Obtaining a Loan - The C's of Credit

One of the biggest questions a new grower faces is where and how to get loans for business start up.
Obtaining a Loan - The C's of Credit - Articles
Obtaining a Loan - The C's of Credit

Even after the start-up phase, loans often continue to impact business establishment and expansion.

Put It In Writing

Many small agricultural businesses are started using personal savings, funds from friends or family, or credit cards. While these are all options, you may wish to obtain a loan from a lending institution due to a need for a piece of equipment or moderate expansion. There are many options when considering who to approach when you are seeking a loan.

Even if you are approaching friends or family, the loan should be written to avoid any conflicts in the future. Prepare a written document that states the amount of funds borrowed, interest rate (if any), and the term of the loan. Having the written document will help eliminate any future conflicts. It does not need to be fancy but it should be in writing.

You should also spell out what the funds will be used for and how you plan to cover the repayment of the loan and interest. Most commercial lenders will want monthly payments so if you cannot make monthly payments at the beginning of the business, you will need to demonstrate when you will have sufficient funds to do so.

"The C's of Credit"

Lenders will use the term "The C's of Credit." These six C's are:

  • Credit history
  • Character
  • Capacity
  • Collateral
  • Conditions
  • Capital

Credit history

If you are approaching a commercial lender, the first thing you should do is obtain a copy of your credit report. They will be able to determine if you have any prior problems so make sure your report is as accurate as possible. Commercial lenders put great weight on your credit score and they will check to see your score, always. This is probably the most important C.

Character

When meeting with your lender, be professional and courteous; you are approaching them for funding so keep this in mind. The days of lenders knowing your entire family and their history are over. In the past, most lenders may have known your family for several generations, but this is not usually the case today. They will need to get to know you in a short period of time and will make the recommendation to the loan committee or supervisor above them.

Capacity

How will you pay back the funds? Will you have enough potential income to pay the interest and principal of the loan? If you have a business plan, this will be outlined in the plan along with the supporting documents. A business plan will also impress the loan officer in that you have taken the time to create the plan and have developed several scenarios that will support your claim that you do have the capacity to make payments.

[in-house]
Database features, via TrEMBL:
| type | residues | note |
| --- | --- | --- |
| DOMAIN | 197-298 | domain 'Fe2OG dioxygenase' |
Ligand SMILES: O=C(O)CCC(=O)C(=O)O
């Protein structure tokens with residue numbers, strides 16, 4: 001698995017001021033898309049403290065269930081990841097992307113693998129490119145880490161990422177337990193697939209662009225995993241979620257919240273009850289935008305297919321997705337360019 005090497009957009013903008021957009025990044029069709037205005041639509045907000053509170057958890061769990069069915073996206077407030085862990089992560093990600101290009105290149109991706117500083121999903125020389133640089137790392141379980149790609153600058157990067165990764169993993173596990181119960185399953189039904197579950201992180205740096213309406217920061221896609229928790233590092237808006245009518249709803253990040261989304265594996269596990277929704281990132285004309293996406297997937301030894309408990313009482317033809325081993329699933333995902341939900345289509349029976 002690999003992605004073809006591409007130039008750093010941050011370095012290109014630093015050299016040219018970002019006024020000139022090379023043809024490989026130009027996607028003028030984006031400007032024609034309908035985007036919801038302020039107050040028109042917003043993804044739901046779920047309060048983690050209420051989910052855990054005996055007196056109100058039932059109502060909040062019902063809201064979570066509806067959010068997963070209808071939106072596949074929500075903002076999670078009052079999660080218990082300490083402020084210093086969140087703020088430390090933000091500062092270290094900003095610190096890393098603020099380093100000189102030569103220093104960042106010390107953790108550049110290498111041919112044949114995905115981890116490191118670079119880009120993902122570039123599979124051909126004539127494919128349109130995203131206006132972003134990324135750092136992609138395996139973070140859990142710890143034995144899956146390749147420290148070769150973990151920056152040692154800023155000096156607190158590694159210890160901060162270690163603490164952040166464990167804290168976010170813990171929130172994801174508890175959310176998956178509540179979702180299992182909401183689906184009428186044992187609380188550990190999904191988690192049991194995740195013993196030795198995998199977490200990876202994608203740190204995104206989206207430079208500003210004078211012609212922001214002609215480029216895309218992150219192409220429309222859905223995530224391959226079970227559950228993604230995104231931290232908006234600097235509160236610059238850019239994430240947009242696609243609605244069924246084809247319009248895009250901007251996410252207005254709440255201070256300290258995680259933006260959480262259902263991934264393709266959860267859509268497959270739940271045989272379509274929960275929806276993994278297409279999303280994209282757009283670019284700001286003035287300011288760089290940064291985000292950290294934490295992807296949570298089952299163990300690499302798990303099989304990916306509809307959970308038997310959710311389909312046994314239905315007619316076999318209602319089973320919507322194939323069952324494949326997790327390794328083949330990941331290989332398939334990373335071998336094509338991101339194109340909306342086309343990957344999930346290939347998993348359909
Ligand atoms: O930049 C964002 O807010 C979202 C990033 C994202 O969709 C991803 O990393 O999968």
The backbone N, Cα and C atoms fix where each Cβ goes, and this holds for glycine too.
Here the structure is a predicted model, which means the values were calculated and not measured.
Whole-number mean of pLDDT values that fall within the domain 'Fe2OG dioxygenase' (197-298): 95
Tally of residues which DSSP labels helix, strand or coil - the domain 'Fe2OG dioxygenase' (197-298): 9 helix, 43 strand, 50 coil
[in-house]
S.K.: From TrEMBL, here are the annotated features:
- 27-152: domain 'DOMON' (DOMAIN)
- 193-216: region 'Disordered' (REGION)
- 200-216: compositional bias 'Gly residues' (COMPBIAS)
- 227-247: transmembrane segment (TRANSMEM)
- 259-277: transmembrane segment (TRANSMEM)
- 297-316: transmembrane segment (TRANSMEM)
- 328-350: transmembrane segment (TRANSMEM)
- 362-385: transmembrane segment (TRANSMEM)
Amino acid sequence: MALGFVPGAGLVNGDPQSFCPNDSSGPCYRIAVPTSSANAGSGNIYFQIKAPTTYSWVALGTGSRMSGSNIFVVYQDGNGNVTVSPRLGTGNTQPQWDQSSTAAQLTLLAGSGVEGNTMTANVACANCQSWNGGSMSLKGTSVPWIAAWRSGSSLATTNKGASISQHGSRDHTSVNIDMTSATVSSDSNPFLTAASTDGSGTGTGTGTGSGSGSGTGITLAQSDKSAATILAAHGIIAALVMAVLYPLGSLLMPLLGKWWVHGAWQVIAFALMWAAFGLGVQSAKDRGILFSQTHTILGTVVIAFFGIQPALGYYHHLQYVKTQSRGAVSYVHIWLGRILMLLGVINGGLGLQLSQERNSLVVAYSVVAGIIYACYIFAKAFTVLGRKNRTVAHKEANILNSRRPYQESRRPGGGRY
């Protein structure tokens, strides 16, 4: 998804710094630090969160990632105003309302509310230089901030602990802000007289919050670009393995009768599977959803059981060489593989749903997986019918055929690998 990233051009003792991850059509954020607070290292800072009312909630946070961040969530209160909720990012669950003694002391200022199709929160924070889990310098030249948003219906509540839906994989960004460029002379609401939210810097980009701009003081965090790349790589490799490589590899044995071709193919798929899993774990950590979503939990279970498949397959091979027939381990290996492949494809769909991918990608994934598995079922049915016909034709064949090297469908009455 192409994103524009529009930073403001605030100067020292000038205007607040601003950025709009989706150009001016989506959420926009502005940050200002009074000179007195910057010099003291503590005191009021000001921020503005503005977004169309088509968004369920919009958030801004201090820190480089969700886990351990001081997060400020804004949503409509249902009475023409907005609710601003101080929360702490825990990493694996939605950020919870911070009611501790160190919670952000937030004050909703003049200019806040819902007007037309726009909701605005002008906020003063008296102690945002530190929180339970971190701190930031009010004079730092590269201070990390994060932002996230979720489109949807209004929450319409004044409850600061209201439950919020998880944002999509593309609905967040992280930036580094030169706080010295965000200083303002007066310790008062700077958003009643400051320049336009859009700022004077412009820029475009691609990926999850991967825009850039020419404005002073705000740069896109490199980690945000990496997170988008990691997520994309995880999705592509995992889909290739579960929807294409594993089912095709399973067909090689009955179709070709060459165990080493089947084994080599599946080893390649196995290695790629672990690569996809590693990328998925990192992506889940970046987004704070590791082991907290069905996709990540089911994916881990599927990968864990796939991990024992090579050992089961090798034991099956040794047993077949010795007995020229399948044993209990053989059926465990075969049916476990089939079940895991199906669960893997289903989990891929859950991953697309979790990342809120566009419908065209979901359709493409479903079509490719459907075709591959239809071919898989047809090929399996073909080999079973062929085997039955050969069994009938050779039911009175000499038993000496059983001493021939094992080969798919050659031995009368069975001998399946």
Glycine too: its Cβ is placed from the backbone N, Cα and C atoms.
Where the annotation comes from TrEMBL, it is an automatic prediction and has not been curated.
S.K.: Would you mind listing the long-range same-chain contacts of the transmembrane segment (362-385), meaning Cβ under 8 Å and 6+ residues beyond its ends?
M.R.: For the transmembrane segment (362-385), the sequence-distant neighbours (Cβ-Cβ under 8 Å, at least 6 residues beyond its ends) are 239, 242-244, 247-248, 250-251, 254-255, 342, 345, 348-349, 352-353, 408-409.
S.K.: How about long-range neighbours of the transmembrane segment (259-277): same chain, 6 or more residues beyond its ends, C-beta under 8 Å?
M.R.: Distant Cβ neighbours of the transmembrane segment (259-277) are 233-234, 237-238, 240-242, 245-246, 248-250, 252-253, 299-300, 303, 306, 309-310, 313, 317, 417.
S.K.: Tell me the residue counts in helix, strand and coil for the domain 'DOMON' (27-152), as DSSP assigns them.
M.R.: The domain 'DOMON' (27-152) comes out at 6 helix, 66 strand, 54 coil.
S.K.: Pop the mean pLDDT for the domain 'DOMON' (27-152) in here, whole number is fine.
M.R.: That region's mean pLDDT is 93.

Collateral

Lenders do not want to sell property to cover borrowed funds. Many small agricultural businesses begin as sole proprietorships. This means you are the business and the business is you. Anything you own, or partially own, may be used as collateral for the funds you are requesting. If you want something protected, do not list that as collateral. This may be easier said than done as the lender will want to be sure their funds are protected.

Conditions

These are the conditions of the general, regional, local, economies as well as the economic health of the industry you are in or proposing. These items will impact your loan request and the interest rate you are offered.

Capital

This is the level of investment you are willing to make in the business. You will not be able to obtain a loan for 100% of needed investment. If you have been in business for a period of time, you should have developed some owner's equity. If you are just beginning the business, borrowing all of the start-up funds will be very difficult. You may need to combine several funding sources to achieve your goal.

Where To Start

There are several programs that cater to (broadly defined) new and beginning producers. AgChoice and the Farm Service Agency (FSA), both have programs specifically for new and beginning farmers. Check with your local offices for more details about these programs.

Almost every business will need to borrow funds at some point. You are not alone in needing additional funding to achieve the goals you have set. Follow the above recommendations and you should be successful if you can satisfy the C's of credit.

Authors

Agricultural Economics, Sociology, and Education

More by Lynn Kime